JACKSON, Miss. — Mississippi Gov. Tate Reeves on Tuesday issued guidelines for churches and other places of worship to reopen for in-person services during the coronavirus pandemic, with an emphasis on keeping spaces clean and maintaining distance between people.
The Republican governor never shut down in-person worship, saying he does not think the government has the power to do so. But he has strongly encouraged people to worship in their homes through online services or other methods. He said he thinks congregations will ease into the return of in-person services.
Among the suggestions in the eight pages of guidelines: Have multiple services rather than a single service so people will have a chance to spread out in a sanctuary; encourage people to wear masks that cover the mouth and nose, even during worship; discourage hugging and handshakes; minimize the sharing of food and drinks; replace choirs with solo singers.
“I know that pastors want to protect their flock,” Reeves said.
Reeves said he and his family will continue to worship remotely, from the Governor’s Mansion.
City leaders in Greenville, Mississippi, briefly banned drive-up worship services in April, but backed down from that policy after facing freedom-of-religion lawsuits, including one in which U.S. Attorney General William Barr sided with a church that said the city was limiting constitutional rights.
Reeves said Tuesday that he could issue guidelines soon about reopening museums and other entertainment venues. His “safer at home” order is set to expire Monday. It says people should minimize public outings, and medically vulnerable people should remain home as much as possible.
State-regulated casinos are preparing to reopen on Thursday for the first time in two months, with social distancing and sanitation guidelines in place. Two casino resorts run by the Mississippi Band of Choctaw Indians have not set dates for reopening, the president and CEO of Pearl River Resort, William “Sonny” Johnson, said in a news release Tuesday.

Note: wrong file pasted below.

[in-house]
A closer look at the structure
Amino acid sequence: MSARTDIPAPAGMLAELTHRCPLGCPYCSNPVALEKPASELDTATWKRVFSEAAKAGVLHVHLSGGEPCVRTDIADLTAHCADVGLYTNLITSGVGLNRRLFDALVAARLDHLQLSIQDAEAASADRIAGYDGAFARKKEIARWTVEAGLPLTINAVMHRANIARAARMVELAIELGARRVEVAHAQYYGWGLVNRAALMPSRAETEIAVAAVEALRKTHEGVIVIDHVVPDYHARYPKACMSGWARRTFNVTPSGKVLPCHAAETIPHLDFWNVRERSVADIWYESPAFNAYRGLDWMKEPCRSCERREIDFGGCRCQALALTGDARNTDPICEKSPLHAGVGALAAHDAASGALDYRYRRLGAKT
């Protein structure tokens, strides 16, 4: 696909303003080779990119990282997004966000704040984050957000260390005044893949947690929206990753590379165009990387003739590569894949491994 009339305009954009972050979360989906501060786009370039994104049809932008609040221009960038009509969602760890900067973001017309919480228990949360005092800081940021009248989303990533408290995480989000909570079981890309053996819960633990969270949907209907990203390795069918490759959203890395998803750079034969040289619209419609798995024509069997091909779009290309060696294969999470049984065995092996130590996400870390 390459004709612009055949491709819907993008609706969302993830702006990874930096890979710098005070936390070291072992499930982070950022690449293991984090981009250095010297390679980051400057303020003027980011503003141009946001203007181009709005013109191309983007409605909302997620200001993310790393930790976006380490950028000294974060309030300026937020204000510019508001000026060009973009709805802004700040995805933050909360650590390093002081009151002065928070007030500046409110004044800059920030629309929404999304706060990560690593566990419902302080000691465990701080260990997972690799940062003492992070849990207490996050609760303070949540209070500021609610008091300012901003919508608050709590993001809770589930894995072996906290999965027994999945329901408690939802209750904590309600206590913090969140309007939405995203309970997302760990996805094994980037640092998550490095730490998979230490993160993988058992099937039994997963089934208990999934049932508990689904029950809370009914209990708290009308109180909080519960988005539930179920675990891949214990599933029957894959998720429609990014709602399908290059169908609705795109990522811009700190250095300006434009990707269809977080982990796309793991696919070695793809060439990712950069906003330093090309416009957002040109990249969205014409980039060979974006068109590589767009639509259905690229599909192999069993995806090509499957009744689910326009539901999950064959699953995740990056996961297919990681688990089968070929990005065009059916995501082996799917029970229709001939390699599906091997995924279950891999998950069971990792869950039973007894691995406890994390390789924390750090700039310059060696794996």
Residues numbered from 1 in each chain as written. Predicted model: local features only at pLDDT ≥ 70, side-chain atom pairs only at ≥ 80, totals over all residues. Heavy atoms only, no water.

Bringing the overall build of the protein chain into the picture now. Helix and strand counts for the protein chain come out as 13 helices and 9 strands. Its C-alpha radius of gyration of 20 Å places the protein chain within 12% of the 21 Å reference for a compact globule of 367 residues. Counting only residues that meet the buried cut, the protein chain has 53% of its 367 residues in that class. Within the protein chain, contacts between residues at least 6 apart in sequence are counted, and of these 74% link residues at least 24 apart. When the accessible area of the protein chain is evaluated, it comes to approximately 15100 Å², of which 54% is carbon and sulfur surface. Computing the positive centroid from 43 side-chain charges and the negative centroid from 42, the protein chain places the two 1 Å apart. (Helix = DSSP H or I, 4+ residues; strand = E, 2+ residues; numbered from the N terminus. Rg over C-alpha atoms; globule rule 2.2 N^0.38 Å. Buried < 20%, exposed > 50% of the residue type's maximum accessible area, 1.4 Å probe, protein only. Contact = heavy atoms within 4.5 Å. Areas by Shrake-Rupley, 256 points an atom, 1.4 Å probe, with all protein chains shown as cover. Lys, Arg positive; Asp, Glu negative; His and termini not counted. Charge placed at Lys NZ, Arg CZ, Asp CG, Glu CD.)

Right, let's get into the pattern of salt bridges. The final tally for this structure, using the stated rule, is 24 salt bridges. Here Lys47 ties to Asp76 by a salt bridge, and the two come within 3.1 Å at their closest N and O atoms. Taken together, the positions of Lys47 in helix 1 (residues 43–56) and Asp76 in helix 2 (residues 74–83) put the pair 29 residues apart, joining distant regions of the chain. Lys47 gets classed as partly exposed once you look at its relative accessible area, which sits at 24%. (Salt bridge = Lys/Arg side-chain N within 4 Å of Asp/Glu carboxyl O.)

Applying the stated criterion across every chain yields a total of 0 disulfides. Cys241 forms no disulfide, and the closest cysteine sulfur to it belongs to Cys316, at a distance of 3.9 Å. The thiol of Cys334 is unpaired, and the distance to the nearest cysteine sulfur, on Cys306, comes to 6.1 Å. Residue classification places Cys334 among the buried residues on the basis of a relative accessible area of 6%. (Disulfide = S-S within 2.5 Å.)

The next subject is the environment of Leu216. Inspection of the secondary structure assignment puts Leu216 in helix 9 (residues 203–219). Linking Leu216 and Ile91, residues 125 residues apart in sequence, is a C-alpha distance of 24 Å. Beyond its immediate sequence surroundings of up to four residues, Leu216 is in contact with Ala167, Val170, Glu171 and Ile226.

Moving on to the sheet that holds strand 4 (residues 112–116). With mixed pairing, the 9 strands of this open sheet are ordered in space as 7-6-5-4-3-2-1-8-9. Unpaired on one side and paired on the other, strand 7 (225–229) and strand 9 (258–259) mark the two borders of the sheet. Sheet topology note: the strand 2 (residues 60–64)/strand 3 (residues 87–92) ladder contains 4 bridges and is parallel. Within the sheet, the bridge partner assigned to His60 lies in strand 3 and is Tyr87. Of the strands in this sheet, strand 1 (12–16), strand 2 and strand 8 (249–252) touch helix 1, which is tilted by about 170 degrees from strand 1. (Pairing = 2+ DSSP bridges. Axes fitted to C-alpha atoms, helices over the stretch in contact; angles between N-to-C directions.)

Both Reeves and the state health officer, Dr. Thomas Dobbs, said people should wear masks in public to slow the spread of the highly contagious virus.
“It’s the right thing to do if you want to protect yourself, protect your family, and protect your community,” Dobbs said.
Even as houses of worship prepare to reopen, Reeves said it’s best not to have big weddings or funerals with people in confined spaces.
The state Health Department said Tuesday that Mississippi — with a population of about 3 million — had at least 11,704 confirmed cases and 554 deaths from the coronavirus as of Monday evening. That was an increase of 272 cases and 27 deaths from the numbers reported a day earlier.
The number of coronavirus infections is thought to be far higher because many people have not been tested, and studies suggest people can be infected with the virus without feeling sick. For most people, the coronavirus causes mild or moderate symptoms, such as fever and cough. For others, especially older adults and people with existing health problems, it can cause severe symptoms and be fatal.
The Health Department said Tuesday that at least 117,760 coronavirus tests had been conducted in Mississippi as of Monday. The department said at least 1,534 cases of the virus had been confirmed in long-term care facilities such as nursing homes, with at least 271 virus-related deaths in those facilities.